It's an epidemic. An epidemic SO BIG, the CDC should be called in with their Hazmat suite and an antidote found. What's so hard about closing your laptop and going home at 5 PM? Nothing. But we've all be indoctrinated to stick around, stay late, be visible, show management 'You Care'.
And it's not a 'Top Down' behavior — it infects the entire marketplace. So what do you do? Here are a few tips to help you better understand the aberrant psychology behind this modern phenomena:
You're hired and paid (by law) to work 40 hours a week. It's your choice to work longer hours. Every hour you add to your work week, subtracts from your salary. Here's the math:
40 hours x 50 weeks = 2000 hours $100,000/2000 = $50/hour
Now if you work through lunch and stay 1-2 hours later each day, that adds 15 hours onto your 40 hours each week.
55 Hours x 50 weeks = 2750 hours $100,000/2750 = $36/hour
$14 or a 28% drop in pay. They don't pay you any more money (unless you get overtime pay). Why would you do that? What happens when you don't take your full vacation, work at home, or on the weekends?
That's right — your hourly wage plummets even more.
It forces you to procrastinate.
Instead of filling up your 40 hours each week with 40 hours of truly dedicated, hard and powerful work, you spread it out during the additional 28% of time during the week. What happens?
You attend more unproductive and boring meetings. You schmooze more with the wrong people. You read TOO much unnecessary email. You surf. You IM. Instead of calling someone, communicating information, and hanging up, you spend precious time blabbing. You push items, calls, and activities out which should be worked on NOW. We all do it.
You become part of 'The Herd'.
You see others stay late, so you do too. It's psychological. You begin to feel a pull to be the same as the rest of your peers. Add in the subtle digs from your 'friends' when you do leave on time: "Hey Susan, are you working banker's hours?"
So we stay later. And later. And later. If Tom, Mary and Steve are working late, I need to work late too. Whoops, my boss is still here, I need to stay late until he leaves. Maybe I should walk around the office with some papers looking frustrated to show them I really care about my job and I'm working hard (this was told to me years ago by a colleague — he used to do this to look busy — I'm not kidding).
So what do you do?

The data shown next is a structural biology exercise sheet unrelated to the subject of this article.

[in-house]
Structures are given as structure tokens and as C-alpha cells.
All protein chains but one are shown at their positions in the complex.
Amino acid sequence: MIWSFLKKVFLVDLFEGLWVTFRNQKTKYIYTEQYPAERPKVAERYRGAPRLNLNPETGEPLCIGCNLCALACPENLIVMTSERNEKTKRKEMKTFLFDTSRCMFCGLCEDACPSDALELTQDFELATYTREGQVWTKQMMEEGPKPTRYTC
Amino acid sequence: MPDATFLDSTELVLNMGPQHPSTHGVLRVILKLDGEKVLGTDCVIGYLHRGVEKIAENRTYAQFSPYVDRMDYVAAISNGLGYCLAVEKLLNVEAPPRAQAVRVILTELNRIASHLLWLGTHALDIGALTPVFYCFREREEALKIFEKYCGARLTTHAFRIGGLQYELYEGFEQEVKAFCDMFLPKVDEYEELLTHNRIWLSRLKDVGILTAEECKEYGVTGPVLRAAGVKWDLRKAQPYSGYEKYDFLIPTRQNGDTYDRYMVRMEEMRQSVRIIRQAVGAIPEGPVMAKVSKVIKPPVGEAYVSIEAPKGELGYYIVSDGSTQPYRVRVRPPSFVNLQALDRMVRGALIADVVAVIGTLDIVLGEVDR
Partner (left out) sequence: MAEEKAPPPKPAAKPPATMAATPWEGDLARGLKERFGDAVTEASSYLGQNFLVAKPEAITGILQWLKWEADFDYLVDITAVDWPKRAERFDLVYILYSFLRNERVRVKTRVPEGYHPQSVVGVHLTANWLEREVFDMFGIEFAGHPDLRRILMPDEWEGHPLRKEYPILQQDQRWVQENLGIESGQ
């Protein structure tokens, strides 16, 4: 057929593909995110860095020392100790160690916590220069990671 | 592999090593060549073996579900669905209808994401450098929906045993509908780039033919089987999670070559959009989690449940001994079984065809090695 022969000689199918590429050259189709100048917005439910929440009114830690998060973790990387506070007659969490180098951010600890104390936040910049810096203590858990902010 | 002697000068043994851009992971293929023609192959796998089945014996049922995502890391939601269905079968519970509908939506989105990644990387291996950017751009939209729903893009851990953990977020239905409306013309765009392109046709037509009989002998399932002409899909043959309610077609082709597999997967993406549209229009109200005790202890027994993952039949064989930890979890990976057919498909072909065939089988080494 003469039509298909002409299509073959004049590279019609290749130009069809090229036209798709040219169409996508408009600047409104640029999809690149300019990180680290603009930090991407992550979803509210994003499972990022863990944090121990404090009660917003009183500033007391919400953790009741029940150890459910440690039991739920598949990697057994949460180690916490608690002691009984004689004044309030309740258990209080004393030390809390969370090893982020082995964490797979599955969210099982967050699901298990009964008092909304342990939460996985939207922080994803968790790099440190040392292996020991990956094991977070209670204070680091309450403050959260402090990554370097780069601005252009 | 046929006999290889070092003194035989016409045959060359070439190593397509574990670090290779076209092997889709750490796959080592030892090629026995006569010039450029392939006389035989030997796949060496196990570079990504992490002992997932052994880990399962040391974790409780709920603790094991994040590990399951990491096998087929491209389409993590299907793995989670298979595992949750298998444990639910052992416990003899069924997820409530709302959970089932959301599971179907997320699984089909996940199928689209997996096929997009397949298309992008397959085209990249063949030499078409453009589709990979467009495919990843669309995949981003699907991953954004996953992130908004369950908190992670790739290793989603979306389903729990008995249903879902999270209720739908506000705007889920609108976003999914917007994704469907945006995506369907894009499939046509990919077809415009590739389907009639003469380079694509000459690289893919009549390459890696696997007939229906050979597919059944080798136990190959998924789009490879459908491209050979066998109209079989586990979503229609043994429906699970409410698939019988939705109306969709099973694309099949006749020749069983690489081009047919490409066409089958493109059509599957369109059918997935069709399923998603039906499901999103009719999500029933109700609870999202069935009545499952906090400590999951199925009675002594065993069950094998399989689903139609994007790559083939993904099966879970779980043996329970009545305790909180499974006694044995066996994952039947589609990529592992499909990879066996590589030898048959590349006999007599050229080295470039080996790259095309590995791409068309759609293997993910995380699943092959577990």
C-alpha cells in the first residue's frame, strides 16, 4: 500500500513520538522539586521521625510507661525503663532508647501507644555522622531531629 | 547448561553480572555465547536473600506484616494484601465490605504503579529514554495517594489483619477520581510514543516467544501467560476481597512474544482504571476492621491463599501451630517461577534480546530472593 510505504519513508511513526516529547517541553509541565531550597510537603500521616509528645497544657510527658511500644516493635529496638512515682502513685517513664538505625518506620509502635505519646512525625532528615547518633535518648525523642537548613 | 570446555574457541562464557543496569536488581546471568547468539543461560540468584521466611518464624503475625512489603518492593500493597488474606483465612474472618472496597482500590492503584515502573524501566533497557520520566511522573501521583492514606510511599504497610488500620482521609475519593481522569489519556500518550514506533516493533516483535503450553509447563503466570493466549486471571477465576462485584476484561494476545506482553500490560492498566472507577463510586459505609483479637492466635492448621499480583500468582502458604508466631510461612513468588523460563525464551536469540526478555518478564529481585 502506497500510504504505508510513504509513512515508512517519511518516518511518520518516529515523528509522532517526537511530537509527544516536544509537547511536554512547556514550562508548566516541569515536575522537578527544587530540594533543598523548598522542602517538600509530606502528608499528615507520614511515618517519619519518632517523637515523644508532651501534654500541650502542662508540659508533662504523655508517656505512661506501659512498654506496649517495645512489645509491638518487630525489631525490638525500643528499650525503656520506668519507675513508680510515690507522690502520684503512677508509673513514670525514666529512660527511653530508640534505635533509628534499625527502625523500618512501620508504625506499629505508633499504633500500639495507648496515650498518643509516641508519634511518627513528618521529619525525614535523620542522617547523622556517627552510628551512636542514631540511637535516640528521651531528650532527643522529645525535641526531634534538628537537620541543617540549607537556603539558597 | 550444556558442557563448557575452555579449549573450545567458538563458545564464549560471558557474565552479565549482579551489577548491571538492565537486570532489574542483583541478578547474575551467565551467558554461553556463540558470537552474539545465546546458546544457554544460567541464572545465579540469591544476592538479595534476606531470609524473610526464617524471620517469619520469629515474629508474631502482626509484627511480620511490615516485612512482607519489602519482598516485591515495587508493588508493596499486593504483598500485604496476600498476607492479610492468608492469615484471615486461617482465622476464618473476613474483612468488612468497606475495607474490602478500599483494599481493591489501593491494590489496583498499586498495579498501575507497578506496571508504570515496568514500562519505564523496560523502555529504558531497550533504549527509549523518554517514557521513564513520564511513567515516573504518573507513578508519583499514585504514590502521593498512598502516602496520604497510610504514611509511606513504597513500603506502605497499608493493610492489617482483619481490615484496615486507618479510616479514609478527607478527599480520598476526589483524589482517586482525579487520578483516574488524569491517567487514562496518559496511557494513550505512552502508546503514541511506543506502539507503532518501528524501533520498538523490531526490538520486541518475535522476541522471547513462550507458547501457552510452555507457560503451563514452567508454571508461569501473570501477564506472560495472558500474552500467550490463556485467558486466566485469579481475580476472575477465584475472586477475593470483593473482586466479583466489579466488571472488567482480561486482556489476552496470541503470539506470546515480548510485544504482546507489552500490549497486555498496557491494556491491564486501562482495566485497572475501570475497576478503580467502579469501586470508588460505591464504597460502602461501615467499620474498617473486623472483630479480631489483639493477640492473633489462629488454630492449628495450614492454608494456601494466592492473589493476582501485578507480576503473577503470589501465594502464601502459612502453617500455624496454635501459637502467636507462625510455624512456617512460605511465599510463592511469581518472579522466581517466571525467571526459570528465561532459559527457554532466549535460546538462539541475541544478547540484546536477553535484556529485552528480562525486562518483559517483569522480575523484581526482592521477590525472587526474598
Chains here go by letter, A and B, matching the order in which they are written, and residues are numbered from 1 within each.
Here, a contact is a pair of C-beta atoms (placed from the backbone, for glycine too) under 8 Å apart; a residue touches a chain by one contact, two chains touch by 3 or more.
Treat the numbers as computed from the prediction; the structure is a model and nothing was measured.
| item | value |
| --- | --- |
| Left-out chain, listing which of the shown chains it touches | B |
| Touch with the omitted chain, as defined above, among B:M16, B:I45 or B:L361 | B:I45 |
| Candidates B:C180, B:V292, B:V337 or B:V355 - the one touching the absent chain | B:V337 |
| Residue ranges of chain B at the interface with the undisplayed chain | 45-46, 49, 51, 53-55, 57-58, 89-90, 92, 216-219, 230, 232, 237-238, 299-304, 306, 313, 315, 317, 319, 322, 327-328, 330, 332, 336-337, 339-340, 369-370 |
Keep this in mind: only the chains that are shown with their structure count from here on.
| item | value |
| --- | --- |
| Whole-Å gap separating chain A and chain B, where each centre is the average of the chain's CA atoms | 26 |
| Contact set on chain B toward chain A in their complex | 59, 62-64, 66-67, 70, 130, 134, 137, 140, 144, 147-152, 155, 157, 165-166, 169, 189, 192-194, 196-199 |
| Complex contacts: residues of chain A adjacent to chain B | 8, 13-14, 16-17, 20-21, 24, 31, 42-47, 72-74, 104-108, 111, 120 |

1. Analyze your performance.
Are you getting good reviews? Accolades from your boss, peers, and superiors? Getting work done on time? Then you are a good worker — industrious, deadline-focused, dependable. So why do you stay late and act like you aren't this way?
Because we're nervous to break from the herd. We're afraid of looking different, standing out, being seen as someone who doesn't 'care' about the company. We are indoctrinated over time to give our blood, sweat, tears, and life to the company. Be comfortable in who you are — a valued member of the team.
Doing this will not only set your mind straight about what you deliver, but will give you ammunition for the next step.
2. Prepare for 'The Talk'.
If you start closing your laptop at 5 PM and leave, someone is going to notice. Maybe it's a peer or your boss. Initially, they might not say anything, but soon, they will. If it's a peer, tell them to mind their own business. Or just smile and say 'See you tomorrow!'.
If it's your boss and they call you in to talk about this, do what I did many years ago:
Boss: "Rich, I'm a little concerned about your work habits here at the office." Me: "Wow, Tom, what am I doing?" Boss: "You're booking out on work. Early." Me: "Booking out? When I started here, you said 5 PM was quitting time. So I'm doing what you said." Boss: "I know what I said — but there's work to be done." Me: "Is there anything I'm late on?" Boss: "No." Me: "Do I not stick around if there's an emergency? Don't I ask for more work?" Boss: "You do." Me: "Have I ever missed a deadline? Did I drop the ball on any project?" Boss: "No." Me: "So why is it important I stay hours later every day?" Boss: "I don't know. But we all do it."
So I said: "Tom, let me put it this way — if I am not doing my job, or dropping the ball, or letting the team down, let me know. And I'll immediately ensure that I'm around here after hours to rectify that problem. But if there is no real problem, no issue, no drop in production, I'd like to continue to leave at 5 PM. Is that okay?"
My boss then said (and I quote): "I understand Rich. Can you teach me how you get all of your work done and leave by 5 PM?"
Catch Part Two of this series HERE.
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